##### Wiktionary

**gas constant**

n. (context physics English) a universal constant, R, that appears in the ideal gas law, (PV = nRT), derived from two fundamental constants, the Boltzman constant and Avogadro's number, (R = N_{A}k)

##### WordNet

**gas constant**

n. (physics) the universal constant in the gas equation: pressure times volume = R times temperature; equal to 8.3143 joules per kelvin per mole [syn: universal gas constant, R]

##### Wikipedia

**Gas constant**

Values of *R*

Units

(V P T n)

J K mol

J K kmol

erg K mol

amu (km/s) K

L kPa K mol

cm kPa K mol

m Pa K mol

cm MPa K mol

m bar K mol

L bar K mol

L Torr K mol

cal K mol

L atm K mol

cm atm K mol

ft psi R lbmol

The **gas constant** (also known as the **molar**, **universal**, or **ideal gas constant**, denoted by the symbol or ) is a physical constant which is featured in many fundamental equations in the physical sciences, such as the ideal gas law and the Nernst equation.

It is equivalent to the Boltzmann constant, but expressed in units of energy (i.e. the pressure-volume product) per temperature increment per * mole* (rather than energy per temperature increment per *particle*). The constant is also a combination of the constants from Boyle's law, Charles's law, Avogadro's law, and Gay-Lussac's law.

Physically, the gas constant is the constant of proportionality that happens to relate the energy scale in physics to the temperature scale, when a mole of particles at the stated temperature is being considered. Thus, the value of the gas constant ultimately derives from historical decisions and accidents in the setting of the energy and temperature scales, plus similar historical setting of the value of the molar scale used for the counting of particles. The last factor is not a consideration in the value of the Boltzmann constant, which does a similar job of equating linear energy and temperature scales.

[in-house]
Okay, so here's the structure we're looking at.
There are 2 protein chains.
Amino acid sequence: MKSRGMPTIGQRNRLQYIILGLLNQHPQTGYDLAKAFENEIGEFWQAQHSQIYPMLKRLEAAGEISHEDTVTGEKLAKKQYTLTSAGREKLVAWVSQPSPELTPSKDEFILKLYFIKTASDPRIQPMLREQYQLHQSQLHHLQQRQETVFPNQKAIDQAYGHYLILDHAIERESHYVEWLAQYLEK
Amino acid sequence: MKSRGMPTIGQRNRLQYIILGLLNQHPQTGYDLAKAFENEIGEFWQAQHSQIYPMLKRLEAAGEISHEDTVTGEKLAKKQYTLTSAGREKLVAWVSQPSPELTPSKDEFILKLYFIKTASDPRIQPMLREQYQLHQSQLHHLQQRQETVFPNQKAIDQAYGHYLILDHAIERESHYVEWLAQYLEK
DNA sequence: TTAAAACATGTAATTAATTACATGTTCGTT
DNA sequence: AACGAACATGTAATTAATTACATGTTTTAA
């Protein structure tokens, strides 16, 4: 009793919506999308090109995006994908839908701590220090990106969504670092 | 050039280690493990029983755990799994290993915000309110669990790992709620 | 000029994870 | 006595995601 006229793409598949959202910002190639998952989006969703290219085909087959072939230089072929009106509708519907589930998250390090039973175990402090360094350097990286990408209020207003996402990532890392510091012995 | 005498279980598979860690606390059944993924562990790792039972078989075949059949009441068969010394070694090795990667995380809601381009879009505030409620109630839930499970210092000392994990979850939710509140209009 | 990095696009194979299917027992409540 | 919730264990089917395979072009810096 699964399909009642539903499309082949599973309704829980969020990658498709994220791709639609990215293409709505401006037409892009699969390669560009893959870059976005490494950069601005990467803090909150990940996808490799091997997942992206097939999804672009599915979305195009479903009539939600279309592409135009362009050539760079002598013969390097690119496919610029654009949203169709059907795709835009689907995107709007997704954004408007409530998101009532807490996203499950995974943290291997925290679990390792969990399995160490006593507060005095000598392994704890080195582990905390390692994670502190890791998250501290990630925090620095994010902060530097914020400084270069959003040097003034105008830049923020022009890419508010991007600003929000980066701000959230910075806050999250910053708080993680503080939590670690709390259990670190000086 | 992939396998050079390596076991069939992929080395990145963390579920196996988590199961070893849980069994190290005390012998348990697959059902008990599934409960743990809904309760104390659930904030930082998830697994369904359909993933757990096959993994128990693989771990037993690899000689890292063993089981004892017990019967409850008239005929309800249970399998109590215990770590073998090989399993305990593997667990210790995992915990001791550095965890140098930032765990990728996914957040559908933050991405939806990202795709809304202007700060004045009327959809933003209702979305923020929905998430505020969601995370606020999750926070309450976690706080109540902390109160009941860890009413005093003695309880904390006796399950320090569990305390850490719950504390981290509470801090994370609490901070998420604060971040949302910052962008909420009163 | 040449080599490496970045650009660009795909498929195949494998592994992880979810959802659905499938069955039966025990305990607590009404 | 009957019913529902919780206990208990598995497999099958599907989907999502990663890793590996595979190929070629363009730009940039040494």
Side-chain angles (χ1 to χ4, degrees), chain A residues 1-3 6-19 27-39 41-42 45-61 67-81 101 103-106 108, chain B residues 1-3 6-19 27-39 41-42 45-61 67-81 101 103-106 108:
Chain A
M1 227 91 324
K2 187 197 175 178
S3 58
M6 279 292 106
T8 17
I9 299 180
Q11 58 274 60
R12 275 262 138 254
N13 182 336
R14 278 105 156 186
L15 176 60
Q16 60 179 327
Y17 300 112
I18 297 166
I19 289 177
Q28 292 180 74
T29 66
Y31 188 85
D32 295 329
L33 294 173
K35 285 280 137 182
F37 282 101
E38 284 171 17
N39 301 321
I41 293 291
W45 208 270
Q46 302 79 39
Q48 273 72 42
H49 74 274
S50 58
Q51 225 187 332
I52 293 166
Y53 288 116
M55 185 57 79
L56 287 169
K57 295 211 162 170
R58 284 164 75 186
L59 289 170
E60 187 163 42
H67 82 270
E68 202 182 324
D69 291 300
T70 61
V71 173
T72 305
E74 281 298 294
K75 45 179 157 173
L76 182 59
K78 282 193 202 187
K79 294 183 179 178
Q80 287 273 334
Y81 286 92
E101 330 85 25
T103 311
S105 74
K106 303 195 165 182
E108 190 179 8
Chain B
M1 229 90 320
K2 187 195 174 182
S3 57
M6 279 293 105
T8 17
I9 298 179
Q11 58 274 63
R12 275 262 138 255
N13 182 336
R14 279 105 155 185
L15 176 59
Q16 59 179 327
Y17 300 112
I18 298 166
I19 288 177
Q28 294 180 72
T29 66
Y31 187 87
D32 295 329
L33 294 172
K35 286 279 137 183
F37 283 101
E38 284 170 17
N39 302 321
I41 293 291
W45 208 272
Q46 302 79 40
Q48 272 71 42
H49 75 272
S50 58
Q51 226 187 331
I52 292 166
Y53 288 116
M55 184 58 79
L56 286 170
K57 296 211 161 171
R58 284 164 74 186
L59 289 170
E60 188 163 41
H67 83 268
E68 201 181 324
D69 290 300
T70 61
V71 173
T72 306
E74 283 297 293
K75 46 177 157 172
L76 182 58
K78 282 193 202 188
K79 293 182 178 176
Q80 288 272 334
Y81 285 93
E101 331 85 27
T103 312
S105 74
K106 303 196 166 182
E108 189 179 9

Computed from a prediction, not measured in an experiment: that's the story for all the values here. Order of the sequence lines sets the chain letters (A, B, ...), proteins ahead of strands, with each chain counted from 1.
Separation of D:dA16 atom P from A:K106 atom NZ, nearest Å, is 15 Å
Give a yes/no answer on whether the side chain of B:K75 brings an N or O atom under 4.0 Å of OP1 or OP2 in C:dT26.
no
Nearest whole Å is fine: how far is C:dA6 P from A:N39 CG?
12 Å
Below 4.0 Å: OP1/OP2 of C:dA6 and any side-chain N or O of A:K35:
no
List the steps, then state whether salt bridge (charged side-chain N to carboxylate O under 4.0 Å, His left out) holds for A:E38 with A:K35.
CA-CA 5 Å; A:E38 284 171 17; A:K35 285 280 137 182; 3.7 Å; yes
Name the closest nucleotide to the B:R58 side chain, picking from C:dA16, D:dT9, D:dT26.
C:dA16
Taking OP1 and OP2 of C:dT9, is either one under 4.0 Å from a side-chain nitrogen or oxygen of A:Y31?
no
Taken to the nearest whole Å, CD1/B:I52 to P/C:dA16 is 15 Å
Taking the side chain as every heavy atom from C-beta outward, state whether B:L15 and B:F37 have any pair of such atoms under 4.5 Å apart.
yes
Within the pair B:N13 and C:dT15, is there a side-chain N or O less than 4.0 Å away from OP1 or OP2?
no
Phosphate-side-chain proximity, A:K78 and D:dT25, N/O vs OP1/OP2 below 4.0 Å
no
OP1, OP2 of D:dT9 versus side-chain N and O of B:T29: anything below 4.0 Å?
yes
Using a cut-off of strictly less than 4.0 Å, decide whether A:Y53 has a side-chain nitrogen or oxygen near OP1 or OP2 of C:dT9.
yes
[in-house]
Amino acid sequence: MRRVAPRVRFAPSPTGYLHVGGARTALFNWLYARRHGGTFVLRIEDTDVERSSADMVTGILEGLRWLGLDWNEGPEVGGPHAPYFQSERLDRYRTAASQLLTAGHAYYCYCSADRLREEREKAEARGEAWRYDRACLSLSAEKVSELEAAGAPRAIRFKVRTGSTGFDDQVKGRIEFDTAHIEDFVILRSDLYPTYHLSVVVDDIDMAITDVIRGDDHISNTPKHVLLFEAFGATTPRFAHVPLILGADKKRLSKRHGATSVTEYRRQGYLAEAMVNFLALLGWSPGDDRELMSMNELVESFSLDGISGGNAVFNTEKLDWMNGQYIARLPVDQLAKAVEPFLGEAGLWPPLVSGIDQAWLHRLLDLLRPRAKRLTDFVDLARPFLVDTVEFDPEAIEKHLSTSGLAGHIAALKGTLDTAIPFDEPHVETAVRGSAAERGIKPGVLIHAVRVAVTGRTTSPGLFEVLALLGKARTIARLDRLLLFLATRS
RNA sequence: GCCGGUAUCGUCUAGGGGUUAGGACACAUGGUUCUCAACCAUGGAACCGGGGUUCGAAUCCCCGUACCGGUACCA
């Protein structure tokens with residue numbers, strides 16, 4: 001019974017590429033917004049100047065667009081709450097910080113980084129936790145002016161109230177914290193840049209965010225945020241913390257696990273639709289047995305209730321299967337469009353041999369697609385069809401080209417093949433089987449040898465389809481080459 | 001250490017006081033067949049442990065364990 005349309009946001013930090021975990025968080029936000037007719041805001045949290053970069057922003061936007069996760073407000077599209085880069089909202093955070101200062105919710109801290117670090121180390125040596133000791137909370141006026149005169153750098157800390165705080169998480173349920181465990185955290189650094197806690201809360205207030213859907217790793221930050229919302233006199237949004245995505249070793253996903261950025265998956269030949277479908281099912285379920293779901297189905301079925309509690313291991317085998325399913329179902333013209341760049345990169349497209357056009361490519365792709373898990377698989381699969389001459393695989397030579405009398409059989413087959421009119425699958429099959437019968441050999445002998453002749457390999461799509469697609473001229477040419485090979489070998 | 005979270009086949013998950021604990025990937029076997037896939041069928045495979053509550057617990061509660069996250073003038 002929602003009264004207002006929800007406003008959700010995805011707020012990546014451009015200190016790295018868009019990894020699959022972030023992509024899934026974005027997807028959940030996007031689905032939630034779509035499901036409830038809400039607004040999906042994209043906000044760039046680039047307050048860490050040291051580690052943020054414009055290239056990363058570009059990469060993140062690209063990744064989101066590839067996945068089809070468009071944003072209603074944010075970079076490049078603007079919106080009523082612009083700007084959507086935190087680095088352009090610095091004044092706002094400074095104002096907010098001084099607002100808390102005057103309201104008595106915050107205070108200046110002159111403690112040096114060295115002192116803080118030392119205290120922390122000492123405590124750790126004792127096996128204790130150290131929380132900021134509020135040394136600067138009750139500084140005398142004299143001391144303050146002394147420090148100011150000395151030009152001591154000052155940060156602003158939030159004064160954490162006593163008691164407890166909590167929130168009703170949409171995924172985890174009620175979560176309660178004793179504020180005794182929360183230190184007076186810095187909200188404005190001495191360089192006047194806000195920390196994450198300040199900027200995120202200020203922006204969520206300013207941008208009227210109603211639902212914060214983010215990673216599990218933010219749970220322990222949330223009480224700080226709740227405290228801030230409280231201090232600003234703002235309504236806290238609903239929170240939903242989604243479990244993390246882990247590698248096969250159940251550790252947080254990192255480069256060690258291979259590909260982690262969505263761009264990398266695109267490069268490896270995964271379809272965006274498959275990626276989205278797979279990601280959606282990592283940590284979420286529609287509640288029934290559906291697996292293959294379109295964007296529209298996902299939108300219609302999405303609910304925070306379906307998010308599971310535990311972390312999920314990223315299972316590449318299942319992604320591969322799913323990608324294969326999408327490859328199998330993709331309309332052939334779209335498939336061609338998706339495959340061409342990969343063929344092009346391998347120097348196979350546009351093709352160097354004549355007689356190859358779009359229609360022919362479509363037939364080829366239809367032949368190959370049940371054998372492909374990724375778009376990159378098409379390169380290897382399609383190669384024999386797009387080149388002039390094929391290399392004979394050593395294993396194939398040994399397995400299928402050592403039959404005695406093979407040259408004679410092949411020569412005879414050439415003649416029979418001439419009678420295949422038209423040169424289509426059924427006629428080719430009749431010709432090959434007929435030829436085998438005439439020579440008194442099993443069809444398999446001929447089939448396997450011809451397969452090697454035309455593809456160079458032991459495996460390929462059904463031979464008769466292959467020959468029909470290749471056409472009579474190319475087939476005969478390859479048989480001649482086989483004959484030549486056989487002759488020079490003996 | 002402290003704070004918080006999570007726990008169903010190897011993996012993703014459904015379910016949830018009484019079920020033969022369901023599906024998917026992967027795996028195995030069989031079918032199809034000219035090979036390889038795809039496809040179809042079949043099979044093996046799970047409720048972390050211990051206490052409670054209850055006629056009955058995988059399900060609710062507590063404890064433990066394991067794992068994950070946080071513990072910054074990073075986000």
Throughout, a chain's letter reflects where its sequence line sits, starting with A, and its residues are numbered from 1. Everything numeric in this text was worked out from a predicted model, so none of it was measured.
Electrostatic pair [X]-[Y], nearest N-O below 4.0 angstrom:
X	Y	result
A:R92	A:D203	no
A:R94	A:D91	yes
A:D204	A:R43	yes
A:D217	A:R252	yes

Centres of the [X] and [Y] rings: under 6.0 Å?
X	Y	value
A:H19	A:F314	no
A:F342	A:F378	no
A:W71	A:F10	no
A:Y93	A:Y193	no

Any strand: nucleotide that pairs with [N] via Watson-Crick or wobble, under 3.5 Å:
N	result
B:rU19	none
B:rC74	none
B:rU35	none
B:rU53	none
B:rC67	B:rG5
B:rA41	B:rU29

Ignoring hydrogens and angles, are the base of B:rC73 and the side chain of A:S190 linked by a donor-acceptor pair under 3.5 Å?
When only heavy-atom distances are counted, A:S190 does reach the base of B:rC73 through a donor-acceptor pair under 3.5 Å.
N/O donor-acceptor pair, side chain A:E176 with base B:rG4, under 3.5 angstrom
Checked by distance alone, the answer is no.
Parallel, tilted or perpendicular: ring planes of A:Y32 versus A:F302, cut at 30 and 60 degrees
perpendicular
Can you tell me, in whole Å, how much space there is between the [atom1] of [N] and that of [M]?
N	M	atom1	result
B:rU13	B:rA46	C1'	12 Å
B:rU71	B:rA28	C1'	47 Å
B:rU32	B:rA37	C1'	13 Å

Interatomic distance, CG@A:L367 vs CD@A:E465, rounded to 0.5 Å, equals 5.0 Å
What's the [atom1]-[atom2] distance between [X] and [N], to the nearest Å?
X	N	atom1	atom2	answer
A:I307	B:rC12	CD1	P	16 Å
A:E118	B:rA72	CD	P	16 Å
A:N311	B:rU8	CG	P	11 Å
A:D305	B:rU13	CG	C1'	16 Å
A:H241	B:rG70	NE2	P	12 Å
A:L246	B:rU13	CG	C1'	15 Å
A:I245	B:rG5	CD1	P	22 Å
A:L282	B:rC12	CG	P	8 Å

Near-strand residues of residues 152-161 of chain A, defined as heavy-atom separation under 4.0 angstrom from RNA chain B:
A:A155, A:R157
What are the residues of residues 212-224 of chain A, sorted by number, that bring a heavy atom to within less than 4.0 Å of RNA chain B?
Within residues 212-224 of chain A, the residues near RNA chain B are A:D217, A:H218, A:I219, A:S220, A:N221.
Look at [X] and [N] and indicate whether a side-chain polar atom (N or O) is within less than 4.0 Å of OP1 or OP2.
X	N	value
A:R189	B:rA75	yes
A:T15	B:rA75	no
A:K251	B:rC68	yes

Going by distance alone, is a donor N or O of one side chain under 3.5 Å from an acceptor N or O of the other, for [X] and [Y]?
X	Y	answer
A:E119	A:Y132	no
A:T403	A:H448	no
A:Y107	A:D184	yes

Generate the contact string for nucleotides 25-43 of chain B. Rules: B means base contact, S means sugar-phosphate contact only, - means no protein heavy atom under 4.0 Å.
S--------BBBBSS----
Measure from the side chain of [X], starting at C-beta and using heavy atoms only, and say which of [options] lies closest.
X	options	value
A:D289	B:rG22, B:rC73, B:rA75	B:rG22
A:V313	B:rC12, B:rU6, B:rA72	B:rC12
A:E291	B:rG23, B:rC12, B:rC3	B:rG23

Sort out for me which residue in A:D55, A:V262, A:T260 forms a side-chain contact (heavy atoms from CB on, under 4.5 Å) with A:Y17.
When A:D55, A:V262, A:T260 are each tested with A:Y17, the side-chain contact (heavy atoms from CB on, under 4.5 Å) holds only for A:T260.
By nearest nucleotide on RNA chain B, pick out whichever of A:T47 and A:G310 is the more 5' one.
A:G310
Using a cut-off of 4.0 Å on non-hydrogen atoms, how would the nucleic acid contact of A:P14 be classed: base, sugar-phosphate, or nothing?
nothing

The gas constant value is

The two digits in parentheses are the uncertainty ( standard deviation) in the last two digits of the value. The relative uncertainty is . Some have suggested that it might be appropriate to name the symbol *R* the **Regnault constant** in honour of the French chemist Henri Victor Regnault, whose accurate experimental data were used to calculate the early value of the constant; however, the exact reason for the original representation of the constant by the letter *R* is elusive.

The gas constant occurs in the ideal gas law, as follows:

$$PV = nRT = m R_{\rm specific} T \,\!$$

where *P* is the absolute pressure (SI unit pascals), *V* is the volume of gas (SI unit cubic metres), *n* is the amount of gas (SI unit moles), *m* is the mass (SI unit kilograms) contained in *V*, and *T* is the thermodynamic temperature (SI unit kelvins). The gas constant is expressed in the same physical units as molar entropy and molar heat capacity.

#### Usage examples of "gas constant".

I make the temperature equivalent of that velocity to be something like three million million degrees Kelvin, if I remember the value of the __gas constant__ correctly.

I make the temperature equivalent of that velocity to be something like three million million degrees Absolute, if I remember the value of the __gas constant__ correctly.